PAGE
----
June marks Father's Day, Loving Day, Juneteenth, and my dad's birthday. All of these special days remind me of my father, who passed away eleven years ago at the age of 71. Just like everyone, my father had demons, challenges, and setbacks. What he also had was an innate awareness of human interactions and a philosophical depth always two steps beyond his years. He was also wise, proud, stubborn, and loved his little girl to pieces.
Here, in no particular order, is what my father taught me:
1. Make copies of everything.
While this advice may be pretty obvious, it's served me well over the years. I make copies of all documents and forms before sending them to their recipients. If I need my tax information from 7 years ago or a bill from 7 months ago, I know just where to look.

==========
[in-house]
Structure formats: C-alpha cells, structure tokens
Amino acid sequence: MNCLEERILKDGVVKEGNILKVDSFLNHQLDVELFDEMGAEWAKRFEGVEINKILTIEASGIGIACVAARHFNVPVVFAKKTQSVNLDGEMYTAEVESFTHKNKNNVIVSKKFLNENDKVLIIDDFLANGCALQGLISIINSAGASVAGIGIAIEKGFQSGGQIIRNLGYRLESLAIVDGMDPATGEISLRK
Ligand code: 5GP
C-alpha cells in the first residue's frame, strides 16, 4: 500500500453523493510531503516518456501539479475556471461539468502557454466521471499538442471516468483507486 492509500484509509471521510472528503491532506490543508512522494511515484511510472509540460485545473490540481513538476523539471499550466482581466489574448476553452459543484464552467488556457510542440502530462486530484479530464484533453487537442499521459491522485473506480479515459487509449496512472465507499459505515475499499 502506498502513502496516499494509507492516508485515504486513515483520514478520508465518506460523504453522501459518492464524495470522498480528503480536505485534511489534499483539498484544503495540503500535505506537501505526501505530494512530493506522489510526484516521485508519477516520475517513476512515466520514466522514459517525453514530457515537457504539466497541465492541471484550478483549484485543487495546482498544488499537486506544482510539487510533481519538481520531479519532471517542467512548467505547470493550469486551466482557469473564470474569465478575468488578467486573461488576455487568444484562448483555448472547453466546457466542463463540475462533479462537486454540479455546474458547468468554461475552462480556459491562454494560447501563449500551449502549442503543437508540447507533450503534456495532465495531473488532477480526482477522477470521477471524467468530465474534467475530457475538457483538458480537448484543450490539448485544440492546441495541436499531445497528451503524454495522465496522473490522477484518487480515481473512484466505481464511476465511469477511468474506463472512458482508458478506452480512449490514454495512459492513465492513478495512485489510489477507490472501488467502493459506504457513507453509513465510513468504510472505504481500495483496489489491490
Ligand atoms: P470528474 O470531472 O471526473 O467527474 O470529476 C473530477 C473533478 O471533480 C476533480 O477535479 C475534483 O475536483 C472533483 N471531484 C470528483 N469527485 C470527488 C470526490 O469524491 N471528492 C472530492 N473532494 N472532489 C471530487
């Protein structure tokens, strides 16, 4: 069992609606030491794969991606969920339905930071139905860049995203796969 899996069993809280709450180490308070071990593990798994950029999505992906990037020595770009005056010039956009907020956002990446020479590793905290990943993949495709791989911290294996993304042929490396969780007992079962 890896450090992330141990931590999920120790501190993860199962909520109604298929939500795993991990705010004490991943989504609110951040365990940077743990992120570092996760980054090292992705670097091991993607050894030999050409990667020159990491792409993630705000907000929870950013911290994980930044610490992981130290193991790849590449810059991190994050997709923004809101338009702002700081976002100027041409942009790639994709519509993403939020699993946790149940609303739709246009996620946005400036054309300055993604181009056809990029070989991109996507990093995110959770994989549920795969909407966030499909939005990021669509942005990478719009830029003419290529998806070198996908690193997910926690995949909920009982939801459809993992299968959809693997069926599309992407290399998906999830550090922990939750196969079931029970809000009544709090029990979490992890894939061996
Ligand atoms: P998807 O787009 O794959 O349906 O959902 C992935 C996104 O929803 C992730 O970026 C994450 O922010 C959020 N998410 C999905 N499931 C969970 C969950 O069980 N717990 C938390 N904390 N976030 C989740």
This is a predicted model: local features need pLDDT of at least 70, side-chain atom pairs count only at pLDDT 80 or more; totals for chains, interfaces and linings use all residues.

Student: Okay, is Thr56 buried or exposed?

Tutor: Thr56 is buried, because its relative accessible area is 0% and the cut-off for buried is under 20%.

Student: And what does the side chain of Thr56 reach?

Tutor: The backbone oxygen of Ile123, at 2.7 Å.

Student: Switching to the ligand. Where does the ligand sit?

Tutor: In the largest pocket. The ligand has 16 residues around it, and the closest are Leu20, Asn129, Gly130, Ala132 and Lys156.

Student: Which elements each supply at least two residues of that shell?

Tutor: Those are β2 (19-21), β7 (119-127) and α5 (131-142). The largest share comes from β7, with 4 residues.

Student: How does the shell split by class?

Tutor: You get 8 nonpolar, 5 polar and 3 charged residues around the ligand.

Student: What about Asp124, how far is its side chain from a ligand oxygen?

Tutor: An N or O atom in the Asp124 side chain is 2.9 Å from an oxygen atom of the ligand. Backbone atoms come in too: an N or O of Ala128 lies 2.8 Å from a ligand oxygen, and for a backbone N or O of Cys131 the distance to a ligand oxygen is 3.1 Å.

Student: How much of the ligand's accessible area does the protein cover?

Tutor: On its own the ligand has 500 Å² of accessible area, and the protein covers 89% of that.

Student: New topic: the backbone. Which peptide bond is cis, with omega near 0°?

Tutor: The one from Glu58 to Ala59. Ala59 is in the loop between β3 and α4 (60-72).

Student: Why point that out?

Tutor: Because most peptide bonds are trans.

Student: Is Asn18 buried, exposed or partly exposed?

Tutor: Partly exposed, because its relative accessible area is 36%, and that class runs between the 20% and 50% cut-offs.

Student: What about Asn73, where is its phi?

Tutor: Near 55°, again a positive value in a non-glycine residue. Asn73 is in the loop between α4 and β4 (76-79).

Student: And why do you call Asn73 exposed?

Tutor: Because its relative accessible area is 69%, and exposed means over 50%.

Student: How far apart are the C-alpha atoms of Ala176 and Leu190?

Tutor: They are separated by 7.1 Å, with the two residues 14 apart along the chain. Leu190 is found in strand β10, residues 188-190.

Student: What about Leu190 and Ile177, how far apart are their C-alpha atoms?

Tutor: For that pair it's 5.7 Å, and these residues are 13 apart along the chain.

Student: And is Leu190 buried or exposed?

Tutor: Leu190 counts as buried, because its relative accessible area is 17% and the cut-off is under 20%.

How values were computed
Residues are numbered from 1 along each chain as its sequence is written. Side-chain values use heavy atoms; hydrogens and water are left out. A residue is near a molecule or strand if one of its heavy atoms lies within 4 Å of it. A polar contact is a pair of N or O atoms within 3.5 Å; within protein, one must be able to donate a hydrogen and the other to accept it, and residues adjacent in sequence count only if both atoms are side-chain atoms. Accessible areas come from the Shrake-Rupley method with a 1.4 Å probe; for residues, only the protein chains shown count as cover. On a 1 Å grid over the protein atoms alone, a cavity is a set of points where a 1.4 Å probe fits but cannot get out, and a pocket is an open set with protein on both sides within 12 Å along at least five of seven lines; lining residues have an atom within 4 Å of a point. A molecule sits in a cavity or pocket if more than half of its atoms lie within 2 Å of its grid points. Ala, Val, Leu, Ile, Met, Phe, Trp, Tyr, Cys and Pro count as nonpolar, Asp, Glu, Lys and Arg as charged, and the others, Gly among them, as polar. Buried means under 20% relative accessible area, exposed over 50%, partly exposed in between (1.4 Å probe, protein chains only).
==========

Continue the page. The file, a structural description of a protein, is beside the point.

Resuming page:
2. It's better to have something and not need it than to need something and not have it.
I remind myself of this favorite line of his whenever I question whether to grab my coat, sweater, scarf, etc., before I head out the door.
3. Follow politics.
My dad knew everything -- or at least it seemed that way to me. He read law books and studied history and watched the news. He knew that I, as a black female, would be affected by politics, and that knowledge is the best weapon a person can have.
4. Don't drink the Kool Aid.
My dad knew ahead of time that Jim Jones was going to do something horrible both to and with his cult followers. He has taught me to question everything, no matter how innocuous it might seem to be.
5. Blacks should support gay rights just as much as they supported the Civil Rights movement.
In 1993, a gay student at my California high school wasn't allowed to bring his partner to the school dance without a fight; but my dad already understood that his own gay neighbors should be awarded the same respect that blacks had struggled to obtain in the 60s.
6. Have no regrets.
I could tell my father had regrets as he lay dying. The most important thing he's taught me is to have confidence, fight for what I believe in, and never take a single day for granted. Dad, this one's for you.